Page added on May 5, 2012
The Commonwealth Ministerial Action Group (CMAG) is in the eye of a storm in Maldives. In its last meeting on 16 April it warned that it will consider “stronger measures” if the terms and reference and composition of the Maldivian National Commission of Inquiry is not “amended within four weeks in a manner that is generally acceptable and enhances its credibility”.
“Stronger measures” is probably a hint at suspension from the Commonwealth. Over two weeks have passed since that decision, now in Maldives there is talk about withdrawing the country’s membership from the Commonwealth.
How did all this come about? In the past few months, events in the Maldives have caught headlines and raised eyebrows across the world. These months saw the country’s democratic transition plagued by serious uncertainty. The most sensational part of this turn of events is mystery around the exit of former President Mohamed Nasheed.
The National Commission of Inquiry (NCI) was set up by the government to look into what transpired on the fateful day of 7 February 2012 when Vice President Mohamed Waheed Hussain took over following Mr Nasheed’s resignation – which the latter subsequently claimed was forced at gun point. The immediate backdrop for this is the military’s arrest the Chief Judge of the Criminal Court on 16 January 2012 under Mr Nasheed’s orders – a move that attracted international condemnation and regular protests in Maldives.
Mr Nasheed claimed that the judge who was under investigation by the Judicial Services Commission (JSC) represents a judiciary that is dysfunctional – while protests continued to rage and reports of a possible police mutiny began to emerge as 7 February unfolded.
Storm clouds have gathered over Maldives for long and the recent series of events are a culmination of what has been brewing for a while. Following a drawn out pro-democracy struggle in the Maldives led by Nasheed’s Maldivian Democratic Party (MDP), the 2008 Presidential elections saw Mr Nasheed contested against the incumbent Mr Maumoon Abdul Gayoom and winning – albeit by a margin of about eight percent.
The end of the 30 year regime of former President Gayoom was widely perceived as the beginning of full-fledged democracy in the Maldives. Since then, what began as a smooth ride eventually began to get bumpy. Rising prices, drug and crime issues, economic disparity, corruption allegations and concerns over the transparency of increasing foreign investments all began to cause unrest. Towards the end there were frequent public demonstrations and political standoffs.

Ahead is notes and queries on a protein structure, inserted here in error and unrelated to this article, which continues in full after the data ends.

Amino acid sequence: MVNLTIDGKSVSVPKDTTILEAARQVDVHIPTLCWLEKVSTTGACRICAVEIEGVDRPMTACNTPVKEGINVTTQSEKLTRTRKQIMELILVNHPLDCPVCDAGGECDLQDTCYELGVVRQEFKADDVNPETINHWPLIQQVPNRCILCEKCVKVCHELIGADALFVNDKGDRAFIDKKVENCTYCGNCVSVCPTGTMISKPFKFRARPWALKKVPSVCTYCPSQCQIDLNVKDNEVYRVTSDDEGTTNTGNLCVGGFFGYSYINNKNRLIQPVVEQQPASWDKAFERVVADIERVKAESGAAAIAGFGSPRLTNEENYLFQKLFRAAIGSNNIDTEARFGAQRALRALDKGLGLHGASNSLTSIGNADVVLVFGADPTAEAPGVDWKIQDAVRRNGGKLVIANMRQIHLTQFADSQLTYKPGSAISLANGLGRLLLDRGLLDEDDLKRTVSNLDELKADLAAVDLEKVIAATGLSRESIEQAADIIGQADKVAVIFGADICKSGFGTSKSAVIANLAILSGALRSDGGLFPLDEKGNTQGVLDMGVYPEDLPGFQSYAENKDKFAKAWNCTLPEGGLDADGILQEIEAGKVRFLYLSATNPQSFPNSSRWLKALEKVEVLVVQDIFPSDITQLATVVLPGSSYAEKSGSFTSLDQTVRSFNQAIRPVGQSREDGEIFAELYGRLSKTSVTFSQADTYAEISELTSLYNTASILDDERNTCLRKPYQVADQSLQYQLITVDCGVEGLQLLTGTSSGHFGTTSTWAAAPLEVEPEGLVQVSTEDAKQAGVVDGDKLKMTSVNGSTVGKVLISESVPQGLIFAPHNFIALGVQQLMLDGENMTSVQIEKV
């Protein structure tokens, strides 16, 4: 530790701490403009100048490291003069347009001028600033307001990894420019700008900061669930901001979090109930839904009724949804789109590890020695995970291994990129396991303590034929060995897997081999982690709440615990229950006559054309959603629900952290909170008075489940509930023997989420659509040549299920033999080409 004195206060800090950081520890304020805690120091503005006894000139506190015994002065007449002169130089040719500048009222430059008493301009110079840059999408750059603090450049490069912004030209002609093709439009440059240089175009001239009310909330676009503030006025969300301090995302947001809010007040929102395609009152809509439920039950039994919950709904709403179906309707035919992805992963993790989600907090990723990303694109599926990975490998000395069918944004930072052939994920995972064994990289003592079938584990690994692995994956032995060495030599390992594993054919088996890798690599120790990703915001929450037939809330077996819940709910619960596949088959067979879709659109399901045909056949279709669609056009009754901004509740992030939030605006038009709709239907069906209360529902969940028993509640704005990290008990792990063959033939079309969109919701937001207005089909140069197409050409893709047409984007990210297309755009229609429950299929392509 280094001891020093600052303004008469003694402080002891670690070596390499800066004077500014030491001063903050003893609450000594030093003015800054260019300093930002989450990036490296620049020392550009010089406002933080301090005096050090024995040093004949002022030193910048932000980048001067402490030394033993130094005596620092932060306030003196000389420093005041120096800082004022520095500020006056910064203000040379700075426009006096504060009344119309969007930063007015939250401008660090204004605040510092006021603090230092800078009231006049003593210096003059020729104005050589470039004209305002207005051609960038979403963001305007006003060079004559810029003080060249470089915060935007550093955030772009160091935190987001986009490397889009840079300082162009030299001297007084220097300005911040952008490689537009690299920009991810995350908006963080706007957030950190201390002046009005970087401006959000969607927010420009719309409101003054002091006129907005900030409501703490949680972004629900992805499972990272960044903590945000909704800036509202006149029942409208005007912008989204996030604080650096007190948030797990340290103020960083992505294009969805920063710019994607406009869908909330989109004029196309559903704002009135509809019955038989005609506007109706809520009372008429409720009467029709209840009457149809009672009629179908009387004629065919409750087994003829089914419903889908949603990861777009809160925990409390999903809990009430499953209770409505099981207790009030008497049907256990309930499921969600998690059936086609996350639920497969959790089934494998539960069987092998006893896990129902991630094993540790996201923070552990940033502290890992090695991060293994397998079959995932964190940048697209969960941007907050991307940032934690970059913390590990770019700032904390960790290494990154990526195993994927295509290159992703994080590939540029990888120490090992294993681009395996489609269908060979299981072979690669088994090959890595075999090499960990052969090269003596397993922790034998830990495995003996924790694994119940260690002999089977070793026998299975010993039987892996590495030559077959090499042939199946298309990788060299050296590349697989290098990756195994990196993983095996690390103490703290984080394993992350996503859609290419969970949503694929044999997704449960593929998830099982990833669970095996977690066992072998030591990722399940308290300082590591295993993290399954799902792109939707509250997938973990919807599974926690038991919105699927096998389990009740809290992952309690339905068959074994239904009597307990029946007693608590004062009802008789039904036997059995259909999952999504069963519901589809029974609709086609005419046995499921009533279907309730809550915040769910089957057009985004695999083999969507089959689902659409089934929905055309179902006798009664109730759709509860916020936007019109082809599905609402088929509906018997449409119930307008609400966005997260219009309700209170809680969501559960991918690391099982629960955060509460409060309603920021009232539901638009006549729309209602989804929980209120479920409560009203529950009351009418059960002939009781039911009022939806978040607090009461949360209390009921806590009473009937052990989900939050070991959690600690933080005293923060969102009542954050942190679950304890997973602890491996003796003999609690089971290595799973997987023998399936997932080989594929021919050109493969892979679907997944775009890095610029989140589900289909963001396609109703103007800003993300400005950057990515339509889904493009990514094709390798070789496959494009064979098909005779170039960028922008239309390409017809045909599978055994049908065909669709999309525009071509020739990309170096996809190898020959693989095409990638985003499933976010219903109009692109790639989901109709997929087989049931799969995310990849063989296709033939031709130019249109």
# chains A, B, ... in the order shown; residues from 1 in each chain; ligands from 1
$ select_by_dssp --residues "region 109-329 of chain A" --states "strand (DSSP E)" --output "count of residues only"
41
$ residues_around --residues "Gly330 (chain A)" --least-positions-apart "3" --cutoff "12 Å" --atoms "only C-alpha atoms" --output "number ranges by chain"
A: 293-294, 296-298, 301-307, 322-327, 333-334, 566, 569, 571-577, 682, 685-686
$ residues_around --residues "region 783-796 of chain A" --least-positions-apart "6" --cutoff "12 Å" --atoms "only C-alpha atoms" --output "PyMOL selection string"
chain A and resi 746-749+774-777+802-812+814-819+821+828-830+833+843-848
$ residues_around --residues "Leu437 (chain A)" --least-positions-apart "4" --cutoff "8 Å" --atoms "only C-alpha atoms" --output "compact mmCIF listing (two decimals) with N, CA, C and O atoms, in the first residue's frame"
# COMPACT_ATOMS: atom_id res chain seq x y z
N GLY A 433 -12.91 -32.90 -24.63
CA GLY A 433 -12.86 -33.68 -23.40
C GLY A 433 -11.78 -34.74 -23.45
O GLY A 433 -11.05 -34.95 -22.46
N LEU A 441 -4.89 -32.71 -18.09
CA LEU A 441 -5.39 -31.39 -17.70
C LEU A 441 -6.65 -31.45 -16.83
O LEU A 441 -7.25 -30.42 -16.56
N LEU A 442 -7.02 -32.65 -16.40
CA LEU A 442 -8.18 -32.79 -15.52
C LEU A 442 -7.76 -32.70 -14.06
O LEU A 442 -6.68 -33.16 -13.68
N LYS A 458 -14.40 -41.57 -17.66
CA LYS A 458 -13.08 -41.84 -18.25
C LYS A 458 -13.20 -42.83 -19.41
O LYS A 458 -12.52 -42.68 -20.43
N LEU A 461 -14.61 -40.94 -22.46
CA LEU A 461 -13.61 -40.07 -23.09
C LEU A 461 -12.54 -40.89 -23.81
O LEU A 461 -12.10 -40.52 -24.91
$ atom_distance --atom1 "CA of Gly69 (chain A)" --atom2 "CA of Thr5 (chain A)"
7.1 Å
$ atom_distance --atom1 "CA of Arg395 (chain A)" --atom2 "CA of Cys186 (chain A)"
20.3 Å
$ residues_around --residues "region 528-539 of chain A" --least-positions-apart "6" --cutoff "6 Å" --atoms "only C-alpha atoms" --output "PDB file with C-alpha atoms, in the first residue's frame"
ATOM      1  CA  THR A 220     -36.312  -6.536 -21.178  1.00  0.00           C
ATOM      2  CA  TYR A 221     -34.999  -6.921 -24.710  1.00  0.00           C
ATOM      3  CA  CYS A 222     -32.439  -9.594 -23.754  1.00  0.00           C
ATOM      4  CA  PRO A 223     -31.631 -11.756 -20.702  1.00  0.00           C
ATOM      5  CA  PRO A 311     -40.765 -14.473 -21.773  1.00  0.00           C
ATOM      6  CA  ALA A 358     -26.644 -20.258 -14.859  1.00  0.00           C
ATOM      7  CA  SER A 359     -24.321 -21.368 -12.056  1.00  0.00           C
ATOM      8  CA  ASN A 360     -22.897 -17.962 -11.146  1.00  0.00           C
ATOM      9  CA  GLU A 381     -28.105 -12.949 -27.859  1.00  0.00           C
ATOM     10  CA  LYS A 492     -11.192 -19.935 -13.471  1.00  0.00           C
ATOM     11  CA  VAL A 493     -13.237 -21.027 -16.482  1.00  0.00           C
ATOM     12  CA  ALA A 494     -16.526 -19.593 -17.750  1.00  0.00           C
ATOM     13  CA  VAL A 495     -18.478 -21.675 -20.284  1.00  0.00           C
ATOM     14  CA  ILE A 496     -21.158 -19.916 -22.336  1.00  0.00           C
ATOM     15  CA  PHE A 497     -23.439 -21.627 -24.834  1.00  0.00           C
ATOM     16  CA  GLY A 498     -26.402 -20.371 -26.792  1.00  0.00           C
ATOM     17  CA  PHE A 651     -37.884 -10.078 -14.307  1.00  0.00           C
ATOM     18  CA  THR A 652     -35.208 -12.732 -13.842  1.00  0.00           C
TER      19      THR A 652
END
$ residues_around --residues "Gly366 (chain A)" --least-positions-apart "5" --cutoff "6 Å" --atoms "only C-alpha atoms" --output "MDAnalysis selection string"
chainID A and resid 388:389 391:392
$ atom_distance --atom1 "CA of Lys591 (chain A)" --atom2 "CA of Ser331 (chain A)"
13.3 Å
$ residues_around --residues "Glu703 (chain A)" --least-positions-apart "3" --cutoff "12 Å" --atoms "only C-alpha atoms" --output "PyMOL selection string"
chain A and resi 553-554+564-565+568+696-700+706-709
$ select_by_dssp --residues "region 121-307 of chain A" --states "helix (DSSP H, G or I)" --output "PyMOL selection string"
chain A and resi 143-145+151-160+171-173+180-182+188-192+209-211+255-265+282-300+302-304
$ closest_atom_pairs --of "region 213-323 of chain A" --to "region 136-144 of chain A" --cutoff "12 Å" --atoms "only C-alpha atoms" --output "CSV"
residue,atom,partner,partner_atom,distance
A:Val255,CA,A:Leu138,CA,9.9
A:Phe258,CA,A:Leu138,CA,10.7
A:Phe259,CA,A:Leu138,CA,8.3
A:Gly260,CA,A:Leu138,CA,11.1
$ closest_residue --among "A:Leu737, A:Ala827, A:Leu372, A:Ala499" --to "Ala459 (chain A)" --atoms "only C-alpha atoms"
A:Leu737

While stalemates between the opposition dominated Parliament and the executive has been an issue, divisions also emerged between the executive and the judiciary – most of the appointments in the latter had been made during Gayoom’s tenure and the executive viewed this wing of state as being unreformed and loyal to the former regime.
The international community including the Commonwealth eased out of their heightened scrutiny of Maldives following the 2008 Presidential elections. In the aftermath the country’s nascent democracy has faced severe tribulations. Maldives is precariously located in the tip of South Asia, in the middle of strategic sea lanes making it important economically and politically both for the West and the two Asian giants – China and India. The crisis in the Maldives is an important bellwether of the edgy geopolitical climate in this region which has already found reflection in other countries of the region such as Sri Lanka.
While a lot of the current focus is mired over opposing political views within Maldives, it is important to remember that the vagaries of politics inside and outside the country should not ultimately lead to the Maldivian people viewing the values of human rights and democracy with blighted hope. It is important that these values are upheld and the protections that they afford are ensured.
An important step in doing this is to make sure that truth is both told and is seen to be told, freely sans politicisation. In this context, it is important that the National Commission of Inquiry is credible and is able to investigate and report freely and publicly. This call for credibility and impartiality has also been aptly echoed and elaborated by several Maldivian NGOs coming together in a new civil society coalition called ‘Thinvana Adu’ or ‘Third Voice’. Independent institutions in the Maldives such as the Human Rights Commission of Maldives (HRCM) and the Police Integrity Commission (PIC) should follow this lead and conduct their own parallel investigations and report publicly at the earliest.
Even though the Commonwealth should have made more early and transparent efforts to scrutinise the progress of democracy in the Maldives, it is a good sign that after years of being dormant CMAG has now taken the directions given to it in the 2011 Commonwealth Heads of Government Meeting seriously. It is also important that CMAG has recognised the need for a credible National Commission of Inquiry. If Maldives decides to leave the Commonwealth it will be the only other country after Zimbabwe to do so – a parallel that may be politically damaging for Maldives to equate itself with at this time of crisis.
R Iniyan Ilango is a Coordinator for the Strategic Initiatives Programme of the Commonwealth Human Rights Initiative.
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